The influential Wall Street Journal has set its sights on Germany’s migration policy, accusing the country of continuing to pursue more migrants for its workforce despite remarkably poor results up until now.
The paper raises the question of the “paradoxical” situation regarding why Germany continues to lack so many workers despite taking in nearly 13 million people since 2015, citing data from the Federal Statistical Office.
The problem, the paper notes, is that the migrants who are coming are simply not filling the needs of Germany’s high-skill economy. Of the 800,000 working-age Syrians and Afghans who arrived during the 2015 migrant crisis, only a third of them actually have a tax-paying job. Unemployment among foreigners stands at 12 percent, while for Germans it is 5 percent, and as Remix News has also reported in the past, those migrants who are working often work in low-skilled and low-paying jobs that require the state to continue paying out welfare benefits.
“Many refugees are ill-suited for the German high-skilled labor market,” the paper writes, and Germany is also “not good at training them.”
The Wall Street Journal argues that Germany is unsuccessful at attracting labor migrants. The paper writes, “Labor migrants currently only make up one in 10 new arrivals to Germany, compared with one in three to Canada. An earlier European program to draw skilled foreigners, known as the Blue Card, attracted about 70,000 workers to Germany in total over the past decade.”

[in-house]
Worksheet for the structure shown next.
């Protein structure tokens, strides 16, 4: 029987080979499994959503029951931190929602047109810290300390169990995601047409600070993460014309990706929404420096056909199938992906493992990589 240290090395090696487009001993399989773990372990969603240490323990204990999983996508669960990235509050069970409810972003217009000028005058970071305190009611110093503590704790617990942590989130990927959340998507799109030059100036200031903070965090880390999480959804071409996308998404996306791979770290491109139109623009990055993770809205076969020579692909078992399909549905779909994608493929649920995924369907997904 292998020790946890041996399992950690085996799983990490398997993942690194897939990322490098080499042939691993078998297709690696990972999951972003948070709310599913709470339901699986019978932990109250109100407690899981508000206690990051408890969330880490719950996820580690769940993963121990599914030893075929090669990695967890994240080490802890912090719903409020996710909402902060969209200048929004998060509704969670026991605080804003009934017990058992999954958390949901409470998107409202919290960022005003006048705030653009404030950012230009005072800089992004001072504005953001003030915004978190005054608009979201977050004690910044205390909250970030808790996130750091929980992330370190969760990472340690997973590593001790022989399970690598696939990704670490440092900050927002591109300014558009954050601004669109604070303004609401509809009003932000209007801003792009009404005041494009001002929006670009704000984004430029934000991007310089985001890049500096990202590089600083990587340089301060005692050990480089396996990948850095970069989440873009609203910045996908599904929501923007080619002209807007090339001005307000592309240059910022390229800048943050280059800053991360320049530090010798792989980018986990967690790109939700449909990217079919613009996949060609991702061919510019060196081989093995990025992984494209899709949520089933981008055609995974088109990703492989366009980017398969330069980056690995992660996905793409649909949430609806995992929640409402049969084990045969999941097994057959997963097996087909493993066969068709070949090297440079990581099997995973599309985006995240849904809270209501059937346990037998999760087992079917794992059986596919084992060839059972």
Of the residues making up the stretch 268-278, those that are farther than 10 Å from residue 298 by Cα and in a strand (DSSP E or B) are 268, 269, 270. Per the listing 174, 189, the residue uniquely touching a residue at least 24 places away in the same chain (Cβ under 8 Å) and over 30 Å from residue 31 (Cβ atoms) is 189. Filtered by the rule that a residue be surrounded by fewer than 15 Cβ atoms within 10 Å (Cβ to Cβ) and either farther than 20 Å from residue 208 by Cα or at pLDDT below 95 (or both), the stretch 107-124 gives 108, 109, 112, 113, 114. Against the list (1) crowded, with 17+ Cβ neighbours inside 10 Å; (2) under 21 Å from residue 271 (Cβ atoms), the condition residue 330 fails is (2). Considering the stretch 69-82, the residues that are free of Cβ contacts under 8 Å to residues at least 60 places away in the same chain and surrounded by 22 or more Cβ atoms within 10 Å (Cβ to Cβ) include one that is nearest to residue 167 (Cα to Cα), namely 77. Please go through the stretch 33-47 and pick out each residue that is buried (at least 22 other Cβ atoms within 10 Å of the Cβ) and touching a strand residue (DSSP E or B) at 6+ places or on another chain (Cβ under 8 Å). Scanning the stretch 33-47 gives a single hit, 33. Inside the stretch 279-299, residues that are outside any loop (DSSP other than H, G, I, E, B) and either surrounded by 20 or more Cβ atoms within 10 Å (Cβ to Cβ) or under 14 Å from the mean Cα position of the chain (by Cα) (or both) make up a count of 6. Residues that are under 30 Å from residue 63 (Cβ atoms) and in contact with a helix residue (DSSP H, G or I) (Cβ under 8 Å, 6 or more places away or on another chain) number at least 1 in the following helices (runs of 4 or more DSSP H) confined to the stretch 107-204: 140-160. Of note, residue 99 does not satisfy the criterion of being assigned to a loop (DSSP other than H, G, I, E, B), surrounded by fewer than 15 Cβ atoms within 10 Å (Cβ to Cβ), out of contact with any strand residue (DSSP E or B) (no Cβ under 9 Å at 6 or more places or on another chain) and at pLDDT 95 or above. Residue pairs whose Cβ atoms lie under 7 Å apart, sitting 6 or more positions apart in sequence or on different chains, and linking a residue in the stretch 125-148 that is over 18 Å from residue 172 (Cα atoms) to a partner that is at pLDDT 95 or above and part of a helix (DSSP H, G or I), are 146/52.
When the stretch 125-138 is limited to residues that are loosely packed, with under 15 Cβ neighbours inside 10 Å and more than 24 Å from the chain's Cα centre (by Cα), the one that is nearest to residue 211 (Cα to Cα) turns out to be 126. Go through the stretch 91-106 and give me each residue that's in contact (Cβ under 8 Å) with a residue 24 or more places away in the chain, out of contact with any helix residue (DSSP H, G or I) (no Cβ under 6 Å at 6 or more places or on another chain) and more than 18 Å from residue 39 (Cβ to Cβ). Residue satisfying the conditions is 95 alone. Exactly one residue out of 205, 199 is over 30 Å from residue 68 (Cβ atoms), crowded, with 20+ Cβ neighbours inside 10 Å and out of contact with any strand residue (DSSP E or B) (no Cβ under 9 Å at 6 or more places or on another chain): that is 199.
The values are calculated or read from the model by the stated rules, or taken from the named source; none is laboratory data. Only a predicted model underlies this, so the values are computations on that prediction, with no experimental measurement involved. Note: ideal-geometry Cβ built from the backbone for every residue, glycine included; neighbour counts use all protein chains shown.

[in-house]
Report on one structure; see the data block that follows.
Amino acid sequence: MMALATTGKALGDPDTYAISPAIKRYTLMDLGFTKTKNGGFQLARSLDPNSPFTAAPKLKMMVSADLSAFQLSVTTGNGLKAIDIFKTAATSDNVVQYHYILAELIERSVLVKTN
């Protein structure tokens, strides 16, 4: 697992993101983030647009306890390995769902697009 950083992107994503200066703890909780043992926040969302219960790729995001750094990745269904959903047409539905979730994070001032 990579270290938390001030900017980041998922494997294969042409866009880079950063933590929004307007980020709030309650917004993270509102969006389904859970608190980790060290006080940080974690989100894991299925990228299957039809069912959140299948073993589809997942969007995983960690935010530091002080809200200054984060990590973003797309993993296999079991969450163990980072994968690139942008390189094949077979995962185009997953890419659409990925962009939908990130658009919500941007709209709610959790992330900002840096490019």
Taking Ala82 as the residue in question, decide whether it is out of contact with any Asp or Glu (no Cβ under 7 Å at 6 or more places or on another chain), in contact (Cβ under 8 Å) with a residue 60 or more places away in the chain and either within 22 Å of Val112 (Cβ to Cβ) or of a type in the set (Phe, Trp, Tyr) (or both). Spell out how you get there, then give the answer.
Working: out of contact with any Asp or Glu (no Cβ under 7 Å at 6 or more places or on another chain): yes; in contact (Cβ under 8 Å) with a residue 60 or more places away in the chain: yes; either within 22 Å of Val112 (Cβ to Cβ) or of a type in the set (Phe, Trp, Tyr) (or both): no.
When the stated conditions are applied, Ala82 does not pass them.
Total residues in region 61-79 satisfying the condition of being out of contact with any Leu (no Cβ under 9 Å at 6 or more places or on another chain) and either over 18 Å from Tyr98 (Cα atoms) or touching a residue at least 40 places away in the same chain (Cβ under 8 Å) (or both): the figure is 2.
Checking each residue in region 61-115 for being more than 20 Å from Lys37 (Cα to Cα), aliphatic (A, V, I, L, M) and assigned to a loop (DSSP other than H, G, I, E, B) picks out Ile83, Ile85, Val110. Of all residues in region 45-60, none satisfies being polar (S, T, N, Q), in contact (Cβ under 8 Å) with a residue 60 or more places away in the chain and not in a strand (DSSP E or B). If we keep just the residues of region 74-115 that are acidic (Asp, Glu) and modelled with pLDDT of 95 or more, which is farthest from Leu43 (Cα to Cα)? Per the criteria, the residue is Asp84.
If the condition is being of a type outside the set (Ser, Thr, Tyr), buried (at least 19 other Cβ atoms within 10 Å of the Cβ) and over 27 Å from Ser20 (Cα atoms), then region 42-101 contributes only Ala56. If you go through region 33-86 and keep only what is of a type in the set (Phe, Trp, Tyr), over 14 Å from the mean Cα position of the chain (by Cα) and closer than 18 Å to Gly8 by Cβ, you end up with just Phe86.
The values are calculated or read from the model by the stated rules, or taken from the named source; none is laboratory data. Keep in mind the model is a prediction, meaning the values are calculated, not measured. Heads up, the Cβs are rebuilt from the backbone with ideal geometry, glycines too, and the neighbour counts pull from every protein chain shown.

Germany is looking to introduce reforms to attract more workers, but it faces a major problem. It is a country already dealing with the blowback from a huge migrant influx that has seen 1.2 million arrive in 2022 alone; any attempt to increase labor migrants will also come as Germany takes in more asylum seekers.
Berlin is planning to introduce a points-based immigration system modeled on Australia’s or Canada’s next year, hoping to woo better-qualified foreigners, but migration experts are skeptical. Even if it succeeds, Germany will likely continue to receive large numbers of asylum seekers it can’t employ, who will fill the ranks of welfare recipients or boost crime statistics, where they are already overrepresented.
The paper details a number of employers who have struggled to bring in foreigners, all the way from Deutsche Bahn to local plumbing businesses in Berlin. A professor of social work, Ingo Neupert, began a training program in 2016 for 25 young refugees to become nurses and medical assistants, but only three graduated from the four and half year program, and a shorter version only saw a third graduate. The project has since been placed on hold.
Germany’s population has reached a record high of 84 million, and unemployment is not the only concern; education, social services, and housing are all suffering the burden.
The German government is arguing that the country needs to take in 400,000 migrants a year, but if the past is any guide, this plan faces serious roadblocks. Countries like Japan and Hungary, which are facing demographic issues but are focused on increasing their own native birth rate, may offer an alternative path that Germany should begin considering.